Wednesday, May 29, 2013

development theory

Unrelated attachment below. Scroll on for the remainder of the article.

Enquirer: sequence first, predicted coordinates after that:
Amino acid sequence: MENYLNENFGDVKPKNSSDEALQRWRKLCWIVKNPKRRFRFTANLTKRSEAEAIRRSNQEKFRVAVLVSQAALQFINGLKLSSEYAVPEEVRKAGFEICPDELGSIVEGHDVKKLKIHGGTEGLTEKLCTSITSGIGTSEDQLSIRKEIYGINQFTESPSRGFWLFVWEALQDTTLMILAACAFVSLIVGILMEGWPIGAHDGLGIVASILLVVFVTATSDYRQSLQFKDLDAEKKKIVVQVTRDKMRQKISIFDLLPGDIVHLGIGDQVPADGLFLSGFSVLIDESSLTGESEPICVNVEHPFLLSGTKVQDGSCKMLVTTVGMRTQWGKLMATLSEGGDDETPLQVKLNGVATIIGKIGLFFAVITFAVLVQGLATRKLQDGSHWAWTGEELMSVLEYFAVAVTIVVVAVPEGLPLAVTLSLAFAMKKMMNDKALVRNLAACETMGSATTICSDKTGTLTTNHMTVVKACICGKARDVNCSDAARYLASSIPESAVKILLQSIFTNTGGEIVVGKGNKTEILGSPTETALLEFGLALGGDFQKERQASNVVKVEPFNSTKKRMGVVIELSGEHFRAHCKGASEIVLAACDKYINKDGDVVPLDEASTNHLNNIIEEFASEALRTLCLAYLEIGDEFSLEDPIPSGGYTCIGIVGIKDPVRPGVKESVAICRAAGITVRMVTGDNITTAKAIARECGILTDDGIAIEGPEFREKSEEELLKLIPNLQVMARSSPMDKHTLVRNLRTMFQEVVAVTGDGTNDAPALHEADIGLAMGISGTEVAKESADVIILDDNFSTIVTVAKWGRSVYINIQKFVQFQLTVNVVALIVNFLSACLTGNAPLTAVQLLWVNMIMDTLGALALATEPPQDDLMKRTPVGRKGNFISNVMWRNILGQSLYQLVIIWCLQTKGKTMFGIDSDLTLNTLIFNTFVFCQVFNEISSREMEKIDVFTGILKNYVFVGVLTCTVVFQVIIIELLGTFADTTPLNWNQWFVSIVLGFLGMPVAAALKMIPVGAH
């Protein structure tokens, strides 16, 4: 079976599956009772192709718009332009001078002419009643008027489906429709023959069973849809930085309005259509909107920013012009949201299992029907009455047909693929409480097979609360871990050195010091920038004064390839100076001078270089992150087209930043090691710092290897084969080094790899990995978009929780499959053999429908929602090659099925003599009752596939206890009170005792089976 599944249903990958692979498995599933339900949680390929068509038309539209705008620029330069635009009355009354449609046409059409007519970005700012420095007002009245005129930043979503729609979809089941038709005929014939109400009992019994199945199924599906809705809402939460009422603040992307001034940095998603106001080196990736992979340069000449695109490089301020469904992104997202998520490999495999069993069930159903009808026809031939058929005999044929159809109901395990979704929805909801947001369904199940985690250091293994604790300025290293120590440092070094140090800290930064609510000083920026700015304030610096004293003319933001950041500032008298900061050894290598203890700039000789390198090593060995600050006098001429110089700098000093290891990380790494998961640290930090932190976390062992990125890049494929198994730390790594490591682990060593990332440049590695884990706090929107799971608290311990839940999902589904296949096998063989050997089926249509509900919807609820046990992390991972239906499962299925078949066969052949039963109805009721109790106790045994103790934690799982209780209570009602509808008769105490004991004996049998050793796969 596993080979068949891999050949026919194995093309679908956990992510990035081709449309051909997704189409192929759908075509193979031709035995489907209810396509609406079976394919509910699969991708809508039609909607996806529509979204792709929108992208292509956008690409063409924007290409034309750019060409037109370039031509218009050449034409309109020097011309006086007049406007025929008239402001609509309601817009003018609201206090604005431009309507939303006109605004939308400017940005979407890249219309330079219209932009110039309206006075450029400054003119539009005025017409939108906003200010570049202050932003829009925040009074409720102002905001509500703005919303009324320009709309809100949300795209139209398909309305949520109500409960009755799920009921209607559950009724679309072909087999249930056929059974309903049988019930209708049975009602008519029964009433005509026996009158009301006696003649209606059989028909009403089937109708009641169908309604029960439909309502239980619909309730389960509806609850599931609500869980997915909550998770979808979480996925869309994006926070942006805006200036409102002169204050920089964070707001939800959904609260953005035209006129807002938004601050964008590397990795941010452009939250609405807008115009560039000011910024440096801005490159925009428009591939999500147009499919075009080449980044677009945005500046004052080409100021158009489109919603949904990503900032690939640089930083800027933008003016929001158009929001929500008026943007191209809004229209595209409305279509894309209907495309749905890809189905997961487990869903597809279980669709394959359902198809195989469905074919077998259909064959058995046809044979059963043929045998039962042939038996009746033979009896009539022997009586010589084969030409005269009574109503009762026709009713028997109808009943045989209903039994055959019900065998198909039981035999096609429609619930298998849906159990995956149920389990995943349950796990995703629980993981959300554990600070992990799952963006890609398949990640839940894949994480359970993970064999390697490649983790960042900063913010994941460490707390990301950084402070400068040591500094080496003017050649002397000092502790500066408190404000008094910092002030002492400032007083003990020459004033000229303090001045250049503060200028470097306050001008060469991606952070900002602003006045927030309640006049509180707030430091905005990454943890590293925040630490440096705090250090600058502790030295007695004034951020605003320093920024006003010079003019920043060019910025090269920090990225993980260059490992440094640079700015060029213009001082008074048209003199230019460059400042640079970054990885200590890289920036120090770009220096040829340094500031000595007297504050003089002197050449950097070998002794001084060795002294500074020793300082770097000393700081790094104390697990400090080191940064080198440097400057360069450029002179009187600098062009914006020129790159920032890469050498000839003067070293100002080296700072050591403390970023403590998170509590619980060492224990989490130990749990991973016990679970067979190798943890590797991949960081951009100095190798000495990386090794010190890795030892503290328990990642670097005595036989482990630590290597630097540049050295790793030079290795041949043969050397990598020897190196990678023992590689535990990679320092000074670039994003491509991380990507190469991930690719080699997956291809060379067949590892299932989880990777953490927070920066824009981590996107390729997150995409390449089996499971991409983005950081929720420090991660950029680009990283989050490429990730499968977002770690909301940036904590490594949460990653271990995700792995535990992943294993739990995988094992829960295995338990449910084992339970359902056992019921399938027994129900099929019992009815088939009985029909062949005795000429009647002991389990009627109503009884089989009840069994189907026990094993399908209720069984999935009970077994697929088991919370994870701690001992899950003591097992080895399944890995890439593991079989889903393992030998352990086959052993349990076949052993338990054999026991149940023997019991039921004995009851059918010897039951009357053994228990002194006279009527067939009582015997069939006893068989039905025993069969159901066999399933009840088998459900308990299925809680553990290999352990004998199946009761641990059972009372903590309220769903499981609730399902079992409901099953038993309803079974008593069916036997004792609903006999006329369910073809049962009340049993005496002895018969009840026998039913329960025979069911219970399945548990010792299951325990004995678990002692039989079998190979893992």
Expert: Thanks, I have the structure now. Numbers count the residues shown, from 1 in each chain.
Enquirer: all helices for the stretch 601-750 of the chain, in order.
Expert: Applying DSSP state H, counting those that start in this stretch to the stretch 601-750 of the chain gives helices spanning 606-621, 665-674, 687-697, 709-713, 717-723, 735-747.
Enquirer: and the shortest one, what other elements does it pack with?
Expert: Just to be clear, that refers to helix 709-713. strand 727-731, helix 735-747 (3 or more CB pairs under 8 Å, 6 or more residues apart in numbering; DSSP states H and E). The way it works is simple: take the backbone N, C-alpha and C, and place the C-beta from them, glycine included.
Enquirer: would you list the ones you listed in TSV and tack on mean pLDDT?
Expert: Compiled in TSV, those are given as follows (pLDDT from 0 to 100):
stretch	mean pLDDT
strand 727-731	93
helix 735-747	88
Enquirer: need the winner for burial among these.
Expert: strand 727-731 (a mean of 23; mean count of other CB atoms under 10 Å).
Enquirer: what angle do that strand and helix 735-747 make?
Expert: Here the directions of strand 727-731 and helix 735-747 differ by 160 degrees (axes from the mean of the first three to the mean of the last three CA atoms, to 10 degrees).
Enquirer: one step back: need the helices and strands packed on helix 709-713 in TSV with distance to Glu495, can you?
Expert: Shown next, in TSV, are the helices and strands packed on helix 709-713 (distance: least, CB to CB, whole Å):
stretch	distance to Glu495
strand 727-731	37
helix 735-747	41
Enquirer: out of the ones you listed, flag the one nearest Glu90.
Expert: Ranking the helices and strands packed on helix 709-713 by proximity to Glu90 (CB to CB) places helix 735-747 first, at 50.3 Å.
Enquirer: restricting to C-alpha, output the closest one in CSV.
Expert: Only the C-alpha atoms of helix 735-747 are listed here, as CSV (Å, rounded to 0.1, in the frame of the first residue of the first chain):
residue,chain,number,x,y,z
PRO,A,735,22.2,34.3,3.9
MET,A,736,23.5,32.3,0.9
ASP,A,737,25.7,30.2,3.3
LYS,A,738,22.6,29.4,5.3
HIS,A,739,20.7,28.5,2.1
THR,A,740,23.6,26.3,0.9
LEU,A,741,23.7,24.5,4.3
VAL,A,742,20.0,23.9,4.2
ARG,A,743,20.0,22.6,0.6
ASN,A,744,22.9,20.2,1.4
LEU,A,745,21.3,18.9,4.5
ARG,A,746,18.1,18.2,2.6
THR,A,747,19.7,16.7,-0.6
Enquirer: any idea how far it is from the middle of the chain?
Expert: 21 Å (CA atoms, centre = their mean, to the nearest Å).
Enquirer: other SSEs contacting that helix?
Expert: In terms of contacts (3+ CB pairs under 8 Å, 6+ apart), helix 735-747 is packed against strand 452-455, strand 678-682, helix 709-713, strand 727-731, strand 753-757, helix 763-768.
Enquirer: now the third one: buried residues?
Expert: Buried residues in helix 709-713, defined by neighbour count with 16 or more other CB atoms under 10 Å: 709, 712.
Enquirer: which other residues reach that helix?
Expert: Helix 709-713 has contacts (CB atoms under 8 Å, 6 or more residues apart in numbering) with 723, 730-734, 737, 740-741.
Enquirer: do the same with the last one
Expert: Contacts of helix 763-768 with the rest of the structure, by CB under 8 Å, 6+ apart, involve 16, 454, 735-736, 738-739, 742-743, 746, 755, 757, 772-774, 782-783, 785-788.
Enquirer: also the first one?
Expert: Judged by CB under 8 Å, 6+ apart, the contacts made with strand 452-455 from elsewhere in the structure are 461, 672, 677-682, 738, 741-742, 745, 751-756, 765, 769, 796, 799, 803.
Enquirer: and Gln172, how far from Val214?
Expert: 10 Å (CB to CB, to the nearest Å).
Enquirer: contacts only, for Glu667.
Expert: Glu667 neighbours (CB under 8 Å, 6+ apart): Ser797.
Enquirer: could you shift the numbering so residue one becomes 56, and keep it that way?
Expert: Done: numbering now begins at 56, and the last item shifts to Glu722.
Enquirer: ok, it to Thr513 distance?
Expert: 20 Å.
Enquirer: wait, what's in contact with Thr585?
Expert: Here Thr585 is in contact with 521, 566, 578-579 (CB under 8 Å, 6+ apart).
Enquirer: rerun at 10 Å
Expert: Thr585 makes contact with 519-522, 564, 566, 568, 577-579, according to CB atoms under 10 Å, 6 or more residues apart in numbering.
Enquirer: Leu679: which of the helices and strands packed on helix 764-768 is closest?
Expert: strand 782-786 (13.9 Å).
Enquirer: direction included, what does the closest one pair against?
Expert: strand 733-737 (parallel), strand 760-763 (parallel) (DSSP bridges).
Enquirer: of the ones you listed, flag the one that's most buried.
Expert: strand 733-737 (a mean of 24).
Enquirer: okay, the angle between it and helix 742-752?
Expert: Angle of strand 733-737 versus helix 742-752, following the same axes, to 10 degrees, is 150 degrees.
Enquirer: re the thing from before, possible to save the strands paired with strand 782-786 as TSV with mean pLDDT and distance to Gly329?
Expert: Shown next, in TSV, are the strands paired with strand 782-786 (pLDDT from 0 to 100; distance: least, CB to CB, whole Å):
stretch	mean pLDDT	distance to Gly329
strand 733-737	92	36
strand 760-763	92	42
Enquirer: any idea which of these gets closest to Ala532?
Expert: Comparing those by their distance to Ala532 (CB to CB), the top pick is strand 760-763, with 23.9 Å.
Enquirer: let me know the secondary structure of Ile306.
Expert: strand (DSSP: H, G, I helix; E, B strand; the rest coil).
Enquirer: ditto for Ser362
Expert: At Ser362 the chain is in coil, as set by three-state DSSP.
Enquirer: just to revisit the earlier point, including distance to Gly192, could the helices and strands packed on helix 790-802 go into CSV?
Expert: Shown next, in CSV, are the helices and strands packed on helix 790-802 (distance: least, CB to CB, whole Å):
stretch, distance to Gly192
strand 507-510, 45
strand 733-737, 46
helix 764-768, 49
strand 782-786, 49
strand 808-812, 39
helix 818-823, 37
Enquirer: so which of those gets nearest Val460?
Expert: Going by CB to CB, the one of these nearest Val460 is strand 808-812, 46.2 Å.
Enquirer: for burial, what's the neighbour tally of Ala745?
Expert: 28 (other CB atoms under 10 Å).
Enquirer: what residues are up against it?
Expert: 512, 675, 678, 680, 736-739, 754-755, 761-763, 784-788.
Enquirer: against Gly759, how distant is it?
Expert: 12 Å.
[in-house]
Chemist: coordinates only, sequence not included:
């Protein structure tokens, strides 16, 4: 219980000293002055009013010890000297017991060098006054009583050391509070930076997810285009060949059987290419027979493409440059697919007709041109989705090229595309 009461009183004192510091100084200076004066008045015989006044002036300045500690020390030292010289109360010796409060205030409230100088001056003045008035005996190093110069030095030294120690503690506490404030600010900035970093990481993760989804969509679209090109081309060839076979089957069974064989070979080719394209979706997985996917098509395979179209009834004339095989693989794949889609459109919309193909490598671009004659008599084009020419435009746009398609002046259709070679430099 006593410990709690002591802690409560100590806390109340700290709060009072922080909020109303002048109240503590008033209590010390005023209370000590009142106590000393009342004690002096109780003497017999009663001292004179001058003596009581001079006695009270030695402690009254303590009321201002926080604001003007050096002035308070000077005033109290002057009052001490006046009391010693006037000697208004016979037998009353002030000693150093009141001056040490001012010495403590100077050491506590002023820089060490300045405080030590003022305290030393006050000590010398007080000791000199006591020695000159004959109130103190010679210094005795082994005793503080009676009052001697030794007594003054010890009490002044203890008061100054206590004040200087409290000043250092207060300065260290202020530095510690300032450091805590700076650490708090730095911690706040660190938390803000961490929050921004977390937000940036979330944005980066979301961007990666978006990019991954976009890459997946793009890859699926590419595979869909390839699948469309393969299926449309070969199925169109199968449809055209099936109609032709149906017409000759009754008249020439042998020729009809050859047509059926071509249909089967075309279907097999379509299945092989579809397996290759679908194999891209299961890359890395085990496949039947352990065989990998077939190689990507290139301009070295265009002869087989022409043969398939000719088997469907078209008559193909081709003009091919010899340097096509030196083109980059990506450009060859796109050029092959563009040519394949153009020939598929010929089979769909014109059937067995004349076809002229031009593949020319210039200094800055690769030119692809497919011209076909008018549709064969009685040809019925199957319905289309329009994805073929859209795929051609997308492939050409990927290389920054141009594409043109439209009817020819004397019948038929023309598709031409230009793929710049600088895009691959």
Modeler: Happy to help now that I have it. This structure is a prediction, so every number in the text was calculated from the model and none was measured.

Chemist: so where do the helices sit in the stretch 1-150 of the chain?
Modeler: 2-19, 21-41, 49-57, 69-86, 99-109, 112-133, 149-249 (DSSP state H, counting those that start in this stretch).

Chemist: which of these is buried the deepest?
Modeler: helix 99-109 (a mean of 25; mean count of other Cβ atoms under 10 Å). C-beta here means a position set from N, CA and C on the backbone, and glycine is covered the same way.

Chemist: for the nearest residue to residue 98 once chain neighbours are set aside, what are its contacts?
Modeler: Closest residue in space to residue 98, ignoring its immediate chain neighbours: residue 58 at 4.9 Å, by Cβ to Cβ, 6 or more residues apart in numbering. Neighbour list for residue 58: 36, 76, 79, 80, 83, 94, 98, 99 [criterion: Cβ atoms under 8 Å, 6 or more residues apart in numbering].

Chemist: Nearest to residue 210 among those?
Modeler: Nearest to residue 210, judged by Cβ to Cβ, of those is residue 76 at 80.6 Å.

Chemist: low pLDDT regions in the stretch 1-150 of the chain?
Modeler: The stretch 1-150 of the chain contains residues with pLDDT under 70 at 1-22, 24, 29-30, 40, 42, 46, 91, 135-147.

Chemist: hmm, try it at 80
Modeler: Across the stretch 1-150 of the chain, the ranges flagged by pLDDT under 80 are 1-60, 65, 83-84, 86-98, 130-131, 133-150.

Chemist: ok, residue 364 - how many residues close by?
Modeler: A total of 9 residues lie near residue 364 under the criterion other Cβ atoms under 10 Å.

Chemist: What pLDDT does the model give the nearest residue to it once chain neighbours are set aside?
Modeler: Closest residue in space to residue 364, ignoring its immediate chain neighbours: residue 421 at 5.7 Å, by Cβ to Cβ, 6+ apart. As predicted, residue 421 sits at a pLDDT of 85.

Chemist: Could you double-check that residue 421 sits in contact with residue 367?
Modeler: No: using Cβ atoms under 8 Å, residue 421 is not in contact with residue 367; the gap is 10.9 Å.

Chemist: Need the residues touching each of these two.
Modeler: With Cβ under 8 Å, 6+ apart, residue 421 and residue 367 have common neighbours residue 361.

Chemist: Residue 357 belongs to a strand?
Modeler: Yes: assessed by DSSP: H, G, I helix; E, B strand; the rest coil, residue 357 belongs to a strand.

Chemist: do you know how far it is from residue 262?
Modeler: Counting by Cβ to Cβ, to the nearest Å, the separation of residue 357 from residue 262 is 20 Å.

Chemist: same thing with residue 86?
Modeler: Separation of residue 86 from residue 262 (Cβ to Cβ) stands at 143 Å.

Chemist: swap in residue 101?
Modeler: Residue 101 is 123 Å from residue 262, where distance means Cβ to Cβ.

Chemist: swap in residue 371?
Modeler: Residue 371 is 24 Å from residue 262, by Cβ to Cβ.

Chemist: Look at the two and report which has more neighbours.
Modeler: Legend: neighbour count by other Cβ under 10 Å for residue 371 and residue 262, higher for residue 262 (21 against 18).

The question that has always persisted in the study of international relations in as far as globalization is concerned is whether it is enough to blame the poorer and developing nations for their predicaments. The neo-Marxist dependency theory rebuffs the point of view that the people from the least developed nations are to blame for their societies failing to develop. Rather, the main proponent of dependency theory, Frank (1975), argues that the lack of development in these nations is as a result of the nations in the West having underdeveloped them intentionally. It is the richer and developed nations that are basically to blame for the most predicaments facing the developing nations. Frank argues in support of the existence of global capitalism, a global system of capitalism where the core countries such as the United States and the United Kingdom exploit the least developed nations or the nations as Frank refers to them. From this perspective, the least developed nations are maintained the state of dependency and under-development. Friedmannm & Wayne (1977) suggest that this is due to the fact that the developed countries require cheap raw materials as well as labor from the least developed countries. Some good examples of the idea of dependency from his point of view include colonialism and slavery. The use of slavery led to tremendous gains for the slave traders and the slave holders in the 18th century. This caused a superaccumulation of capital that was principally invested in the industrial revolution in Britain and in turn helped in kick-starting the industrial development in the United Kingdom. Friedmannm & Wayne (1977) posit that in the 18th century, Europe used its developed technology to conquer, colonize and exploit majority of the third world countries. The colonies were exploited by the European nations for cheap food, raw materials and labor. While these past examples are good, it is argued by Bircham & Charlton (2001) that events illustrating dependency persist even today, especially in form of Western dominance of the global economic system, the exploitations by multinational companies (MNCs) and the reliance of the least developed countries on foreign aid. The developed countries or the so-called First World Nations have always used globalization, capitalism and cultural factors to have control over the developing nations. Behind the interconnections that are promised by globalization lie international decisions, practices and policies. These decisions, practices and policies are influenced and driven by the Western countries. The responsible parties are the leaders of the developed countries or other global actors such as the multinational companies, international organizations and powerful individuals. The controls have taken the form of cultural, economic or political. Though this paper is basically focused on the economic and political controls, it is helpful to look at the cultural factor. From the cultural perspective, this has been achieved by promoting the western culture, media and language in the developing world. In post 1970’s, globalization could be defined as neoliberal capitalism, which manifested in opening up of borders and markets, strengthen global economic connection and integration, and the last point is transnational capital mobility. However, in today’s life, it possibly be regarded as some issues and problems like economic, environmental, social and political which are no longer limit to the boundary of nation, and the reason why is that the world having become interdependent gradually. Morley (2006) states that, the globalized world as a consequence of modernity, new technologies have a vital influence on the situation. One of the most important points is that the developed and advanced new technologies could contribute to and increase the level of communication. As a result, cultural imperialism grows rapidly as an essential part of globalization. As Morley (2006) states, cultural imperialism may have still bears a ‘marked American input’, and the world market keep up the primary typifications of the original American pattern. As a consequence, cultural imperialism is a form of cultural domination, which is called ‘soft power’. Capitalism has produced a rigid system that is the international division of labor that favors the developed countries at the expense of the developing countries. This is from the point of view of the dependent nations continuing to provide the developed nations with cheap raw materials and labor as well as playing the role of the repositories of surplus capital, finished goods and obsolescent technologies. This orients the economies of the dependent nations towards the outside. Money, goods, and services flow to these nations, but the allocation of the resources is based on the economic interests of the developed countries. Thus, this division of labor becomes the basis for the explanation of inequality, poverty and lack of development among other problems facing the developing countries (Bircham & Charlton, 2001) From this point of view, Friedmannm & Wayne (1977) argue that development in the developed countries does not necessarily lead to development in the developing countries as suggested by the modernization and globalization theories. In fact, through economic research it has been revealed that economic activities in the developed countries have led to serious economic, social, political and environmental issues in the developing countries. For example, this can be understood from the dependency theory where, developed countries import raw materials from the least developed countries from which they use in generating finished products. These finished goods are the exported back to the least developed nations, at a higher cost due to the value added in the production process. According to Gregory, et al (2009) this suggests that the least developed countries would not earn sufficient for their export earnings to cater for their imports. This has led to such issues as excessive exploitation of resources in the least developed nations, which are used in catering for more development in the developed countries. Thus, the issues faced by the developing nations are as a result of the way they are integrated in the global system. Multinationals are another example of the blame on the developed nations for lack of development and related problems faced by the least developed nations. The multinationals are developed with the idea of enriching the lives of the people in the developing nations. However, the reality is that they enrich the lives of a few in the developed nations, while they cause problems in the host countries, most of which are in the developing countries. Friedmannm & Wayne (1977) posit that in the developing countries, these companies cause environmental, humanitarian and ecological devastation to the populace. In the economic system, Gregory, et al (2009) argues that it is the developed nations which are able to build up multinationals. The free market promised by globalization, make it possible for the MNCs to be established and market their products in any country internationally. The exploit labor and resources from the host countries, while the developing nations are not economically equipped achieve this in the developed world. This has led to the issue of unsustainable development and continuous underdevelopment in the least developed nations. This situation can be best explained through the dependency theory. The creation of MNCs in the least developed countries causes a dependency that cultivates the host countries as sources of raw products and cheap labor for their companies. They limit the access to developed production techniques and technologies from the developing countries to develop their economies. Another environmental issue posed by these companies is pollution, the greatest factor behind climate change and global warming. Many of these countries that are created in the developing countries are manufacturing companies whose carbon emissions are huge (Chrisman and Parry 2000). The use of the international financial organizations and the effects of their policies and decisions can also be understood through the use of the theory. These organizations are playing a major role in the issues faced by the developing nations, rather than promoting development as they are suggested to. Their financial policies and decisions are the main causes of poverty, inequality and lack of sustainable development in the developing world. These are effective forms of control that makes the developing countries lack means of production for sustainable development. Some of the international financial organizations that have been criticized for this in the past are the World Bank and the International Monetary Fund (IMF) among others, all of which are based in the developed world. The organizations suggest that for a country to be eligible for loans, and other forms of financial aid, they have to take some steps favorable to the interests of the international financial institutions. According to Bruce (1994) some of these measures though favorable to the organizations and the developed nations, are detrimental to the economies of the developing countries. For example, as argued by Chrisman and Parry (2000) the structural adjustments affect the least developed countries by increasing rather than reducing poverty and environmental problems. The present economic arrangements allow some cartels to take control of and exploit the poor nations by fostering debts. This has caused the governments in the least developed nations to give monopolies and concessions to foreign corporations in exchange to consolidation of control and financial bribes. These corporations utilize the power in such a way that affects the natural resources of the least developed nations. In many cases, most of the money that is loaned to these countries is returned to the favored foreign corporation. Some of the international institutions that have been blamed for engaging in this type of neo-imperialism are the World Trade Organization (WTO), Group of Eight, the World Bank, and the World Economic Forum (Perkins 2004). Most of the developing countries particularly in Africa are currently paying lots of money per year in servicing their debts to these organizations. This has led to the continued deprivation of the populations in the developing countries. This is a type of dependency that makes it possible for the international financial organizations to enforce Structural Adjustment Programs. These programs generally comprise of privatization plans resulting in deterioration of education, health and in general low living standards in the developing nations (Chrisman and Parry 2000). The opponents of these international financial institutions such as Reuveny (2007) have done research on the effects of policies such as devaluations by the IMF. The policy requires devaluations of currency. Reuveny (2007) goes further to argue that the IMF wants these currency devaluations as a provision for refinancing loans. It also insists that the loan be paid back in dollars or currencies from the other First World countries against which the currency of the developing country has been devalued. This causes an increase in the debt by a percentage of the devalued currency. This is a means of keeping these nations under perpetual debt and poverty. This has also led to the widening of the gap between the rich and the poor in the global system. It has been argued that the global capitalism system is designed to benefit all the players in it. However, while there might be some truth in this argument, the global capitalist system does not ensure equality in the distribution of the benefits. The greater issue is that the nation-state tends to be greatest loser in the process, given that their independence and sovereignty reduce because of effects of the post-modern tendencies. There is sufficient proof of selective benefits of the global capitalism as well as its limitations. As a matter of fact, the Marxist idea of “the rich exploiting the poor” is always present in any globalization discourse. Regardless of their seemingly altruistic mission statements as well as visions, the global structures and institutions only serve the interests of a few in the developed world. in looking at the economic gap resulting from global capitalism between the rich and the poor, the proponents of global capitalism such as Gregory, et al (2009) argue that free trade without control and measures enforced to protect the health, environment and wellbeing of the workers contributes to the strengthening of the power of the western nations, commonly referred to as the ““North” in opposition to the developing world's “South”” (Perkins 2004). There are various criticisms of capitalism that have led to the development of anti-globalization sentiments, and have led to the development of social, political, economic, cultural movements and practices. This paper will use the anti-globalization movement as one of the movements opposed to global capitalism. Anti-globalization movement is a global movement which became famous through media attention following the protests against WTO in Seattle, Washington, in late 1999. The movement is highly opposed to the policies of global capitalism or economic neo-liberalism. The movement is made up of environmentalists, anarchists, trade unionists, anti-sweatshop campaigners, opponents of privatization, land rights and indigenous rights activists, and organizations that promote human rights and sustainable development. The movement is founded on the argument that the dependency made possible by global capitalism has increase inequality, poverty and other problems for the developing nations rather than assisting them to develop. The supporters of the movement are highly critical of the policies, decisions and also conventions organized by international financial institutions such as the World Trade Organization (WTO), the World Bank, International Monetary Fund (IMF), the Group of Eight (G8) heavily industrialized nations and the World Economic Forum. The movement also targets the multinational corporations such as Nike and Monsanto, among others (Andreas, 2011). While opposed to global capitalism, the anti-globalization movement supports participatory democracy, accountable global financial organizations, and pursuing increased popular control of economic and political life in the age of more and more powerful companies. This is suggested as the most effective way of addressing the issues faced by the least developed nations without worsening their situation. This is also because capitalism has been viewed as being to blame for responsible for the reality of inequalities and increased poverty, while the ones seen as the agents of the change (the west) are going after their personal interests. This is factual as argued by Andreas (2011) that development is not achievable except for the existence of substantial inducements driving the agents of change. For example, the multinationals are seeking to manipulate the global system trying to optimize their profits. The international financial organizations and agreements have undermined national decision-making methods. As a result, companies using the global financial institutions for their financial and corporate interests are exercising their freedom to achieve free movement across borders, use of national natural resources and use of diverse human resources. Conclusion This paper discusses dependency theory in terms of the causes of lack of development in the least developed nations. From this perspective, it is not enough to blame the least developed nations for failure to develop as the blame lies on the developed nations. Problems facing the developing nations such as poverty and other issues are normally blamed on these countries. People looking into these issues have failed to put the blame where it belongs. Only a few authors have looked at the role played by their economic relationship with the developed nations, which is the main contributing factor. However, movements such as anti-globalization movement have come up to place the blame in its real context and struggle for the liberation of the least developed nations. References Andreas, P. 2011, 'Illicit Globalization: Myths, Misconceptions, and Historical Lessons', Political Science Quarterly, 126, 3 pp. 403-425, Bircham, E. & Charlton, J. (eds) 2001, Anti-Capitalism: A Guide to the Movement. London: Bookmarks Bruce R. 1994, Mortgaging the Earth: The World Bank, Environmental Impoverishment and the Crisis of Development, Earthscan Publications Ltd., London, Chrisman, L. & Parry, B. (ed.) 2000. Postcolonial theory and criticism English Association, Cambridge Frank, A.G. (1975) On Capitalist Underdevelopment. Bombay: Oxford University Press. Friedmannm, H. & Wayne, J. 1977, Dependency Theory: A Critique, The Canadian Journal of Sociology 2, 4, pp. 399-416 Gregory, D., Johnston, R., Pratt, G., Watts, M. J. & Whatmore, S. 2009. The Dictionary of Human Geography. 5th. Wiley-Blackwell, Malden. Morley, D. 2006, "Chapter 2: Globalisation and cultural imperialism reconsidered: Old questions in new guises" from Curran, James and Morley, David, Media and Cultural Theory pp.30-43, London: Routledge Perkins, J. 2004. Confessions of an Economic Hit Man, Berrett-Koehler Publishers, San Reuveny, R. X. 2007, The North–South Divide and International Studies: A Symposium. International Studies Review 9(4).